Equine Internal Medicine Resident The Ohio State University Columbus, Ohio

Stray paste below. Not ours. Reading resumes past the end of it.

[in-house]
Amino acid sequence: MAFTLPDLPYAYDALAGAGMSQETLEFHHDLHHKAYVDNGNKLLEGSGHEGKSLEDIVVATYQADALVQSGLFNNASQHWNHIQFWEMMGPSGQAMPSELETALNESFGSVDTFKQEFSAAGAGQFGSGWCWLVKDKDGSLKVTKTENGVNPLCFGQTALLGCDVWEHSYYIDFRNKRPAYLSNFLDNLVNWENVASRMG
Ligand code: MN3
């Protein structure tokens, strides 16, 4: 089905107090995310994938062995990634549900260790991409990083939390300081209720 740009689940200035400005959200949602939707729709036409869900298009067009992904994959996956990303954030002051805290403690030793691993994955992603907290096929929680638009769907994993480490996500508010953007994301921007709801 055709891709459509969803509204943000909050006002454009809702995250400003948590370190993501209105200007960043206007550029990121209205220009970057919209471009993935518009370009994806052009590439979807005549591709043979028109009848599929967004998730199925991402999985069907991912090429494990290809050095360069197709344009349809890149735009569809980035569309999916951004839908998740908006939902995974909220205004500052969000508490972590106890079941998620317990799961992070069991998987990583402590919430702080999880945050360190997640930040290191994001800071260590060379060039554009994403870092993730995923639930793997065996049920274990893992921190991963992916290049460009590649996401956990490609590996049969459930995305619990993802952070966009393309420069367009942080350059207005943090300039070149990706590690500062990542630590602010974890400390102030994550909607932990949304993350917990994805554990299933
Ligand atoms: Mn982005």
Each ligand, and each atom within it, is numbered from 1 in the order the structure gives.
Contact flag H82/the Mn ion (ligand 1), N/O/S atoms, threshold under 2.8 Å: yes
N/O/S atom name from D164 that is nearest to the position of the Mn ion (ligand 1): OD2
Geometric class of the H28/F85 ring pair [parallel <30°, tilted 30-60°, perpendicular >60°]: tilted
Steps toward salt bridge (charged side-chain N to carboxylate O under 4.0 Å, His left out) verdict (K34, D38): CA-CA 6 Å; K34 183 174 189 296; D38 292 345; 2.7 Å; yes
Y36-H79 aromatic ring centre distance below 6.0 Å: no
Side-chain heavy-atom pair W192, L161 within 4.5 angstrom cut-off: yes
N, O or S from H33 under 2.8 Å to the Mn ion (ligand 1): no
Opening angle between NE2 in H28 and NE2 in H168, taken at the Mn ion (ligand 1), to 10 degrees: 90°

Insulin dysregulation (ID), a hallmark of equine metabolic syndrome (EMS), is intrinsically related to the development of laminitis. 5’-Adenosine-monophoshpate-activated protein kinase (AMPK) agonists are used in humans to promote euglycemia and enhance systemic insulin sensitivity, representing a promising therapy for horses with EMS. This study investigated hepatic AMPK signaling in response to AMPK agonists (metformin [MET], aspirin [ASP], combination [MET/ASP]) in horses with experimentally-induced ID. Insulin dysregulation was induced in 14 adult light breed horses with dexamethasone (0.08 mg/kg PO q24h). The horses were assigned to groups, and each horse received either ASP (10 mg/kg PO q24h; n=7) or MET (30 mg/kg PO q12h; n=7) for 7 days. Seven horses then received MET/ASP for an additional 7 days. To assess AMPK regulation, liver biopsy samples were obtained at the following time points: baseline, ID, ID + monotherapy, and ID + combination therapy. Real-time polymerase chain reaction (qPCR) was performed to evaluate expression of AMPKα, peroxisome proliferator-activated receptor-γ (PPARγ), peroxisome proliferator-activated receptor-γ coactivator 1-α (PGC1α), and phosphoenolpyruvate carboxykinase (PEPCK) at all timepoints. The expression of AMPKα was significantly increased with combination therapy compared to baseline (P = 0.0114). PPARγ expression was significantly decreased at ID + monotherapy (P = 0.0026) but not with combination therapy, suggesting a partial response to combination treatment. The expression of PGC1α was not significantly affected by any treatment. PEPCK expression was significantly decreased by administration of dexamethasone (P = 0.0114). These findings suggest that AMPK agonist therapy can alter hepatic AMPK-related gene expression in adult horses.